So, If you are looking to go beyond the profiteering goals of problem-solving, I highly recommend the course.

I wish you all a peaceful 2024.

I’m actively looking to join an agile team of purpose-aligned systems innovators or a venture studio to co-create a social finance project I’ve been researching for a while now. Since I deactivated my social media accounts (reasons in here), I thought it necessary to still maintain a low-key online profile.

So, I will condense into 15 minutes 15 years of attained skills, experiences, and current interests — specifically how my changing learning, thinking, and doing dragged me from project to project — refusing to settle for symptoms of glocal injustices and finally pivoting from developing websites to innovating Social Systems.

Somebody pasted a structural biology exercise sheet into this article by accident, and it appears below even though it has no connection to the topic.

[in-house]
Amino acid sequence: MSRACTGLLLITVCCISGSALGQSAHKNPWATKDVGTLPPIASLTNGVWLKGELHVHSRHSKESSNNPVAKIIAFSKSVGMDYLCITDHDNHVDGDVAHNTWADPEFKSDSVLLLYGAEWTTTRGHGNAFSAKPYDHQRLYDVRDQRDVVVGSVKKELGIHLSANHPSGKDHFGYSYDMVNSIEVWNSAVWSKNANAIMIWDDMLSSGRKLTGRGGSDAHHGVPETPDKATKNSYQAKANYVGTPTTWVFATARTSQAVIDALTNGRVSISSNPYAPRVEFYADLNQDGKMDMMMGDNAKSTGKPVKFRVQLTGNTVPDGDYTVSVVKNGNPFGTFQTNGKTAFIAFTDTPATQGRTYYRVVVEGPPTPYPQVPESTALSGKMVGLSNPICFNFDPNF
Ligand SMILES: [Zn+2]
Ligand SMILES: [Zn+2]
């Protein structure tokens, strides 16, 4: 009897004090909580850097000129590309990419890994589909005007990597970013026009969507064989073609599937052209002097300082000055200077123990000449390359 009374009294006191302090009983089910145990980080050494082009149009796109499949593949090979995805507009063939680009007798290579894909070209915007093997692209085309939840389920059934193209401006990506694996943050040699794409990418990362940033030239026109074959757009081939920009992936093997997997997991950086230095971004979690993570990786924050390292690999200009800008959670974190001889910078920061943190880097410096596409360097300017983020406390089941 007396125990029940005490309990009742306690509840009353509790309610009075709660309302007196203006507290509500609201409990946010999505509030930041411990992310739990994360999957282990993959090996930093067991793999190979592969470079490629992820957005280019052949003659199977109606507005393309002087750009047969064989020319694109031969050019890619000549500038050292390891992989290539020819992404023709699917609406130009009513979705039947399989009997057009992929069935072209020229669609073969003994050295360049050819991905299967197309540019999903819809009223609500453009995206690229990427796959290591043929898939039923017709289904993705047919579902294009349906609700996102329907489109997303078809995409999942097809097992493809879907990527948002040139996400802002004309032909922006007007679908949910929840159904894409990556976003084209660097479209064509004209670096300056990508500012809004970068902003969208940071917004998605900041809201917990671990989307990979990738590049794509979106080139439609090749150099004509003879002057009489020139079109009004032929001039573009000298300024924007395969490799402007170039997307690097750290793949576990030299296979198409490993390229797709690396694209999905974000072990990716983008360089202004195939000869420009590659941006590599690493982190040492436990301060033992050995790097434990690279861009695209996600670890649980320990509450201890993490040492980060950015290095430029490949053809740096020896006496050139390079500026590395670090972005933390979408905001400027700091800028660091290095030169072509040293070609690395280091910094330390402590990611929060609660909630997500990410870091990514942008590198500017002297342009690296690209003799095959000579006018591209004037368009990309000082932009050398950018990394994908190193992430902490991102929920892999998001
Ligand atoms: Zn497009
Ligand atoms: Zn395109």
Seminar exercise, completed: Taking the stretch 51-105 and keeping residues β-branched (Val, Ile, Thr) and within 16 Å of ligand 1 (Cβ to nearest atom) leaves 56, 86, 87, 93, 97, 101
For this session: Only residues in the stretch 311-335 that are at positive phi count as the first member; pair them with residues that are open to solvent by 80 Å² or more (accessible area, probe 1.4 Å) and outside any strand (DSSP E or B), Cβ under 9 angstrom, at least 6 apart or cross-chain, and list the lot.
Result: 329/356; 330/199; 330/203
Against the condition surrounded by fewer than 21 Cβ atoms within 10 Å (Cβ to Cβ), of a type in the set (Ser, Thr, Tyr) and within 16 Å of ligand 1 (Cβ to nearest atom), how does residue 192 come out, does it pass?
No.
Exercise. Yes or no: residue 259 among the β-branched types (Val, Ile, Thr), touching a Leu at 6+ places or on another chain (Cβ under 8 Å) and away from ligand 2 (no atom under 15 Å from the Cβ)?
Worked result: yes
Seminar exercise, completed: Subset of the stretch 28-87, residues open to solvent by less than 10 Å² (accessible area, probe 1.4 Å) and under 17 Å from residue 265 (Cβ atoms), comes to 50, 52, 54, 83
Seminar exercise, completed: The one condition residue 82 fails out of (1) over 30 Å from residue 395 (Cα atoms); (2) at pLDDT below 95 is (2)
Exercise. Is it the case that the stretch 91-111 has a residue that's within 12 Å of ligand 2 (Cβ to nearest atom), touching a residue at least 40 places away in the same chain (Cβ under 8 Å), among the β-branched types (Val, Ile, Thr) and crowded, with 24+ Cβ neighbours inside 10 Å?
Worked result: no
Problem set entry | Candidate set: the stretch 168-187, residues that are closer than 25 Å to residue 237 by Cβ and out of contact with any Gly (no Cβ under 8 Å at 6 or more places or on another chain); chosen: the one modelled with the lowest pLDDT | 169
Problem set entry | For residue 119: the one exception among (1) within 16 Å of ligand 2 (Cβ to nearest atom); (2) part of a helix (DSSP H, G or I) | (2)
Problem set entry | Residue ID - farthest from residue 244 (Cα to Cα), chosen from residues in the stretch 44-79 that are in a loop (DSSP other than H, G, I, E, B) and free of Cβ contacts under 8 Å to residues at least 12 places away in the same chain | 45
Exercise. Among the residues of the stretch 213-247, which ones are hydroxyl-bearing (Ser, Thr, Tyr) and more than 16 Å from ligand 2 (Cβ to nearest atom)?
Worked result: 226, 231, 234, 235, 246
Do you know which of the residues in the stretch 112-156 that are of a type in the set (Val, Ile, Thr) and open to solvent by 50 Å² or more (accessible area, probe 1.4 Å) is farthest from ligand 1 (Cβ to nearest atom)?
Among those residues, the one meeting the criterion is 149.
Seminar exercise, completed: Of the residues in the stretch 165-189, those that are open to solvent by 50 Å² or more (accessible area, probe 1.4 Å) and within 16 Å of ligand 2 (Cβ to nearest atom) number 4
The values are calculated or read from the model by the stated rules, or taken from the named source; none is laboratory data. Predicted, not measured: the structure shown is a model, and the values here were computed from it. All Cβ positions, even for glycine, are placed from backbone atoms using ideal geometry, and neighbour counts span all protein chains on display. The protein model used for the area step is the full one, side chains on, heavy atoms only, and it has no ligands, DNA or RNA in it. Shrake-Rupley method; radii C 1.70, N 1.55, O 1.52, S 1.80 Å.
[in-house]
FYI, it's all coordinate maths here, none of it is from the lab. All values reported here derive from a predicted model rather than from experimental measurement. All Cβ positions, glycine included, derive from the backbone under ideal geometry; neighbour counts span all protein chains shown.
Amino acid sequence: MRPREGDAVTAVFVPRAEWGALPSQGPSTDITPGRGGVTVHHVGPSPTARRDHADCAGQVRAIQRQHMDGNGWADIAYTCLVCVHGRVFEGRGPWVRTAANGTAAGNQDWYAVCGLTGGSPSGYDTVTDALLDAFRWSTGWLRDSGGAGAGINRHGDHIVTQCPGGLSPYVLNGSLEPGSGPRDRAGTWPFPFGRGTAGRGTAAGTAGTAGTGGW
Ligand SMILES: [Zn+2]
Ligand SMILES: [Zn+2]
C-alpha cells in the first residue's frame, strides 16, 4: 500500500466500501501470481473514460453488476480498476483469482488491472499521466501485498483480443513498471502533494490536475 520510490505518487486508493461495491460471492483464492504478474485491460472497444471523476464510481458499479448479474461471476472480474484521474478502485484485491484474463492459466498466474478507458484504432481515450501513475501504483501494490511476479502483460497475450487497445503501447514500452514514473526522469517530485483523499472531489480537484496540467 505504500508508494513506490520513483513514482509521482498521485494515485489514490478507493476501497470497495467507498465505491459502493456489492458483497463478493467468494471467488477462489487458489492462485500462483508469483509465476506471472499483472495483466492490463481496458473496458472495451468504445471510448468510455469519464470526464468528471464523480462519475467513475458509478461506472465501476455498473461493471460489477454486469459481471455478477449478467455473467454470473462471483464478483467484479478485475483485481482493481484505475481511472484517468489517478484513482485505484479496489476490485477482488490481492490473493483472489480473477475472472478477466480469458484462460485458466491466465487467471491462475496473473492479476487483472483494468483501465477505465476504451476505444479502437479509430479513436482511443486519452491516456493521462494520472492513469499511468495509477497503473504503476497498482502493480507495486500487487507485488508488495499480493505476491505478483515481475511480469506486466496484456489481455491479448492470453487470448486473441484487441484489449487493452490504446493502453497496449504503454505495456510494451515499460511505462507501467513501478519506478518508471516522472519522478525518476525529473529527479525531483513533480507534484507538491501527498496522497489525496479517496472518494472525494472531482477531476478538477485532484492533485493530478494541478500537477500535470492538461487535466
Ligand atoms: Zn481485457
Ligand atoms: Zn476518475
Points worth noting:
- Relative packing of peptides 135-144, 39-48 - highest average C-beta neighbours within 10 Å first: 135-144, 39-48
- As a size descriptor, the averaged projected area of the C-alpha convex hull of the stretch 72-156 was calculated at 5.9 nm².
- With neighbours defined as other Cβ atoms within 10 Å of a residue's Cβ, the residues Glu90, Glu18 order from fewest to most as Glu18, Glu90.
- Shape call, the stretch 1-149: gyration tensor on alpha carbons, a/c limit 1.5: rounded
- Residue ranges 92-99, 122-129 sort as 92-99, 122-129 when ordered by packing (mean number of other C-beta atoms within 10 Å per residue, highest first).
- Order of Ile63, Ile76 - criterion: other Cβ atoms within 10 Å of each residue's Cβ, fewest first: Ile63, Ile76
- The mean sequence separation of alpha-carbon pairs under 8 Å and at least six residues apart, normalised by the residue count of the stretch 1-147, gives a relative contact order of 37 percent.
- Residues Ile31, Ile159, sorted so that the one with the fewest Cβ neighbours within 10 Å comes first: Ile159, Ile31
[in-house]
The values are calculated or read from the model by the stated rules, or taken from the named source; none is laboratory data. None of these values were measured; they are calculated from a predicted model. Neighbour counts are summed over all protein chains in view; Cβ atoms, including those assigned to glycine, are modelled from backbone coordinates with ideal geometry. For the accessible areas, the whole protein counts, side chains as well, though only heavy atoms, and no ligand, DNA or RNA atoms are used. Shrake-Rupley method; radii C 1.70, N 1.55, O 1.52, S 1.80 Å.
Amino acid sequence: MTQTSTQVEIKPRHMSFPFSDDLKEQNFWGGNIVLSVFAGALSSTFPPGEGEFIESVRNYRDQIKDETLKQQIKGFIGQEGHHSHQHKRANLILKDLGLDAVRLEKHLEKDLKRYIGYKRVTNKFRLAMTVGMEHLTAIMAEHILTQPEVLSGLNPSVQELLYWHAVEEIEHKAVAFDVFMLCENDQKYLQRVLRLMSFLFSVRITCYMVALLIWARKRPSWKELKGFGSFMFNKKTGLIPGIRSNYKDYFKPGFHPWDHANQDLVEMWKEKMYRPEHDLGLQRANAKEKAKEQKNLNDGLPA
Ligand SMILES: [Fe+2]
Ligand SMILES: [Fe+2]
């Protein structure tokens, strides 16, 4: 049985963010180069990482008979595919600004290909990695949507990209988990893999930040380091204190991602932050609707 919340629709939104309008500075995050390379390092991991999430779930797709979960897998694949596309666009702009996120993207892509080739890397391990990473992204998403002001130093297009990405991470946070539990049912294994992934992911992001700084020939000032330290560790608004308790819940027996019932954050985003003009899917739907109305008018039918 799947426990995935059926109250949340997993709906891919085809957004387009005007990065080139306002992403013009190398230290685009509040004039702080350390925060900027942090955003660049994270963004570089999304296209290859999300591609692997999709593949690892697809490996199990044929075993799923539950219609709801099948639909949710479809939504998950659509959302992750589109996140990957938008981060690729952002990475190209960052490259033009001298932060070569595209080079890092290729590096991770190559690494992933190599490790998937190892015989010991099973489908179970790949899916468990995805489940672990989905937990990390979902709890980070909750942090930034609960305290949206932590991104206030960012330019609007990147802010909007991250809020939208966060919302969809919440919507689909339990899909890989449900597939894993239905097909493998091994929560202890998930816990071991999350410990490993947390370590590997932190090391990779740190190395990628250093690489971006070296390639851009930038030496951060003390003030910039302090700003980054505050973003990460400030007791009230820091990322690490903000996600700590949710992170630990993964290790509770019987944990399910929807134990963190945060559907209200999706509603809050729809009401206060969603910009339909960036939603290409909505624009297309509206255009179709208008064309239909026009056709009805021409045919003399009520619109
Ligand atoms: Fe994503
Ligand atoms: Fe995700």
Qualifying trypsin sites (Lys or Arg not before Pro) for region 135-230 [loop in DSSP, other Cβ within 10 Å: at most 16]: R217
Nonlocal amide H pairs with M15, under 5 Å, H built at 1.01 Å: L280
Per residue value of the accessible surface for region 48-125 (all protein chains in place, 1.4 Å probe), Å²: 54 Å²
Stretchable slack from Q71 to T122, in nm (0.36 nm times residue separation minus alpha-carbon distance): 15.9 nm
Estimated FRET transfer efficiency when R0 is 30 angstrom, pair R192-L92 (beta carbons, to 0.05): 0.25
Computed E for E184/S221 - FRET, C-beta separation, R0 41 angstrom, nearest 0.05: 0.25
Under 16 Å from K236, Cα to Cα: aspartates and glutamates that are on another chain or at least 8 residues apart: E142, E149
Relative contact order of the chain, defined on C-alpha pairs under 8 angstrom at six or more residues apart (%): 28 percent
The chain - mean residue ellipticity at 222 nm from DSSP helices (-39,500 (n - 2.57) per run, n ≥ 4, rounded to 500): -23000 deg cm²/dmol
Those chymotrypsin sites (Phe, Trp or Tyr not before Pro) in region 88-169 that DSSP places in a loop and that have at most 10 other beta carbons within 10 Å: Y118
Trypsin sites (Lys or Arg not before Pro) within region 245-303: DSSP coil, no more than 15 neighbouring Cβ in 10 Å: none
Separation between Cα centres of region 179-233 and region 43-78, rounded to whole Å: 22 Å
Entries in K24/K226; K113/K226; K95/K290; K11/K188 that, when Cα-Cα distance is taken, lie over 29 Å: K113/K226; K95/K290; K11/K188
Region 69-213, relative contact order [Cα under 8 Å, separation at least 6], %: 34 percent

University — I focus on the substance, not formalities.

Early on I saw how computers were increasingly becoming a part of society and changing people’s lives. Although the Computer Science program was one year old in 2003 at the most prestigious University in East Africa, I thought it was a great opportunity to learn how computers work.

One year into it, I noticed the course was more theory than practical. 100% of examinations were written theory for all course units. I looked up the teaching and exam structure of the course in universities where it was established (developed countries) — it was 30% theory and 70% practical. This meant you had to fend for yourself to gain the skills the market required. People graduated with first-class degrees but could hardly identify a RAM chip from a computer nor create a simple HTML page.

I started to teach myself practically web development, programming, and databases, with internet resources. Like most, I was doing BSc. Computer Science without a computer, I wrote source code on paper at home and brought it for compiling at the computer lab. Sometimes I and a few others spent nights in the computer lab practicing and trying out learning projects.